Aberdeenshire and Angus in the North-East of Scotland were chosen to be the focus region for exploring the uptake of precision farming in the UK. The region is well known for producing barley for the malting industry, potatoes for national and international markets as well as livestock producers and smaller mixed farms.
The NE corner including both Angus and Aberdeenshire together accounts for only 16% of the agricultural area for Scotland yet is responsible for a significant proportion of Scotland’s crops and livestock. In Aberdeenshire, the main agricultural land use is for cereals (33%), oilseed rape (32%) and produces over 60% of Scotland’s malting barley.
It is the large-scale production of crops (particularly barley and potatoes) in the region that makes it an ideal region to study the adoption of variable rate precision farming.
 See recent report produced in conjunction with local authority councils for the NE, ‘The Land Based Sector in NE Scotland’ March 2016, available at https://www.aberdeenshire.gov.uk/media/22087/land-based-sector-web.pdf [accessed 1 April 2019].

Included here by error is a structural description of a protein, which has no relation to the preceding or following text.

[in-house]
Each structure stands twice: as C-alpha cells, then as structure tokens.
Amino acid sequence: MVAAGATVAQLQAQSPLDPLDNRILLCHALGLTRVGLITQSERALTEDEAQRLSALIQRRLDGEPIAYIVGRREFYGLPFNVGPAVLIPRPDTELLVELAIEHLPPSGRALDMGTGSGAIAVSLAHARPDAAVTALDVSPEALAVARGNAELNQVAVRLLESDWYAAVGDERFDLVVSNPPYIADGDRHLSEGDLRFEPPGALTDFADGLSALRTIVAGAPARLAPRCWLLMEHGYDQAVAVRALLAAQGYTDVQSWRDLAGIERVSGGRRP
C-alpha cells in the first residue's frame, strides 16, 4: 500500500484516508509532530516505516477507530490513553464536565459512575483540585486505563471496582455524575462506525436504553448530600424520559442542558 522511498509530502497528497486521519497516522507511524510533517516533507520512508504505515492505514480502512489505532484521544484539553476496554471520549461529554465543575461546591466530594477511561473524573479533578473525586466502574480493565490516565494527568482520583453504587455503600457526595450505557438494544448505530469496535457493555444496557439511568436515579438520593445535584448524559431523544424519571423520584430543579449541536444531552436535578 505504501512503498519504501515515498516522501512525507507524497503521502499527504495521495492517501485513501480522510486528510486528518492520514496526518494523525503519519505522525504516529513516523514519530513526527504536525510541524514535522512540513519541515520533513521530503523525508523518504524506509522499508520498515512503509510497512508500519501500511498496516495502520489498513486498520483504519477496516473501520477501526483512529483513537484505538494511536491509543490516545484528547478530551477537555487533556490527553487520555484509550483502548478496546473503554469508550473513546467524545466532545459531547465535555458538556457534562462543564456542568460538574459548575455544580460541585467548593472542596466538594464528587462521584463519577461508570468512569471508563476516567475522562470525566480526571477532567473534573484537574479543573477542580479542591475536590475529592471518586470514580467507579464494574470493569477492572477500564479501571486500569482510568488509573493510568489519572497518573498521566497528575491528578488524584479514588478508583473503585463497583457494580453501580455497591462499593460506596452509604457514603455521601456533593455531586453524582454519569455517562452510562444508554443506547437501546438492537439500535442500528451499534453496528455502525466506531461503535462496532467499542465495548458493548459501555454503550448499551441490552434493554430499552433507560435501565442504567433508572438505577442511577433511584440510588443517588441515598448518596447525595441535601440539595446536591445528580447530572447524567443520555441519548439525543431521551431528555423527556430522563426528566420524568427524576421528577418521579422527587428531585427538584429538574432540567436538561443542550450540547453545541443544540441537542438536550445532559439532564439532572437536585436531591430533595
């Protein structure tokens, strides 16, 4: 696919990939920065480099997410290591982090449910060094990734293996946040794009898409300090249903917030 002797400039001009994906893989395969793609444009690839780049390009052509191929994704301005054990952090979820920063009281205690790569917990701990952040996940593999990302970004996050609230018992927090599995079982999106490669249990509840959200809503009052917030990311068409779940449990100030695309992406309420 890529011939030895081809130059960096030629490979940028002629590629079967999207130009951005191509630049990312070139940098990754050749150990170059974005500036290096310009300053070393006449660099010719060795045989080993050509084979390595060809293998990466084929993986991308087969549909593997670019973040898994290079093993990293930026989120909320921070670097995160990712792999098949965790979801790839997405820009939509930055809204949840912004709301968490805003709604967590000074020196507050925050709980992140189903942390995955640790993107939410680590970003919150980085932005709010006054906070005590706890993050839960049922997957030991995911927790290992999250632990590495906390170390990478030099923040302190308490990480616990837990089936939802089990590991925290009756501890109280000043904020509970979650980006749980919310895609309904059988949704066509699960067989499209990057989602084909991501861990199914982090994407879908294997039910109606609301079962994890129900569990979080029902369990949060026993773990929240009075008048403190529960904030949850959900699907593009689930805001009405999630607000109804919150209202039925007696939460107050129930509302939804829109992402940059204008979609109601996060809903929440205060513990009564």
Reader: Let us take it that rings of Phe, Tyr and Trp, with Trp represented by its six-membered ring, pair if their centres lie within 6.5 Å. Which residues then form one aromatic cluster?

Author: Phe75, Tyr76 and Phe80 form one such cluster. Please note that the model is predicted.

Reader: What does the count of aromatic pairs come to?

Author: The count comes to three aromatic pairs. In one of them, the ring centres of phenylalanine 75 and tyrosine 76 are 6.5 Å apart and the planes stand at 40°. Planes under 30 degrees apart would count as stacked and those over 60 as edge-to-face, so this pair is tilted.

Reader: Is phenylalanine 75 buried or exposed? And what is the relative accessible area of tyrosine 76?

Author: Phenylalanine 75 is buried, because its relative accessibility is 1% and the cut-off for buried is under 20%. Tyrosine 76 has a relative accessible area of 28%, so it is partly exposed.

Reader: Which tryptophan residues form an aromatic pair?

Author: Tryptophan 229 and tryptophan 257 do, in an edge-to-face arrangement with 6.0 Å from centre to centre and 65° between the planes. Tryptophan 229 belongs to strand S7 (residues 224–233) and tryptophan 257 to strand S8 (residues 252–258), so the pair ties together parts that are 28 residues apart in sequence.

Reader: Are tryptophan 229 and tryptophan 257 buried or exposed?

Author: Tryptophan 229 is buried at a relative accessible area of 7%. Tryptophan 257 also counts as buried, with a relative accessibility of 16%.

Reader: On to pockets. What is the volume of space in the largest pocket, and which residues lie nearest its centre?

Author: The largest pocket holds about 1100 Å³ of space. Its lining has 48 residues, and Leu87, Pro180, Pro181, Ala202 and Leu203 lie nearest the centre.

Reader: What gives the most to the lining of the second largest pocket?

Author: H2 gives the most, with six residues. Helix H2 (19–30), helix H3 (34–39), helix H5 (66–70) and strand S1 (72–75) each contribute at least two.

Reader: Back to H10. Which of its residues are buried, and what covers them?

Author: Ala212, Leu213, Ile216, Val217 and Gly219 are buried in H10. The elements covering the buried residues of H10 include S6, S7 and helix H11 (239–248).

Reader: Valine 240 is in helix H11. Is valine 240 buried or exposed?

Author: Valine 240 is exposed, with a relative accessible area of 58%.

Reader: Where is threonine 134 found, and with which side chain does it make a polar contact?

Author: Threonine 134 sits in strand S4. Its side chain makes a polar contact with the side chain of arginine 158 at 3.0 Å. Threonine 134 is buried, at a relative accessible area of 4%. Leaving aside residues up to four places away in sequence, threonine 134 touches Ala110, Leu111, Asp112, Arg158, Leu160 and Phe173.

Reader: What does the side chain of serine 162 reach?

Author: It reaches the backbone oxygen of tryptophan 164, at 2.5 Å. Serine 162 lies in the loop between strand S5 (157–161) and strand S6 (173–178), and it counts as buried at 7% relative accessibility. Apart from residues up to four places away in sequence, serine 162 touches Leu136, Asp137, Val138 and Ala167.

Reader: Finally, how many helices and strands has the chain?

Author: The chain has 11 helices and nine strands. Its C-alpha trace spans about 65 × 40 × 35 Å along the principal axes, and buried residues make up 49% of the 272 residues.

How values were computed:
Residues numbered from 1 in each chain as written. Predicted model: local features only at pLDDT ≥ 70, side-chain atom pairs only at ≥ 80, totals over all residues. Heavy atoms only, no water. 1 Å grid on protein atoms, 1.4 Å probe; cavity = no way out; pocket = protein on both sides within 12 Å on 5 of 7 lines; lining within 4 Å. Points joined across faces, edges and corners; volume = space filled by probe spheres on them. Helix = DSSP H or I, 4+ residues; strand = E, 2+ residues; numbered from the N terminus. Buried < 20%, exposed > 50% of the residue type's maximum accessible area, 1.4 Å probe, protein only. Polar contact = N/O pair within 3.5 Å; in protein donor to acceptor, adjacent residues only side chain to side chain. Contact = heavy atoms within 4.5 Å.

This study focuses upon the adoption of variable rate precision farming technologies in NE Scotland in order to understand the sources of advice for farmers and the role played by advisors when it comes to making investments in new innovations.
Precision farming is seen as one innovation that can lead to more sustainable farming practices, bringing proposed cost savings, higher yields and environmental gains. However the cost savings are often disputed since the initial payment of new equipment and machinery as well as data management software can offset any savings from using the technology itself.
In total, 31 farmer interviews were conducted, of which 22 were adopters, 6 were non-adopters and 3 were partial droppers (only one technological innovation was dropped whilst others remained). Six AKIS suppliers were also interviewed based on their relevance to the farmers in our case study.
Full report is available here.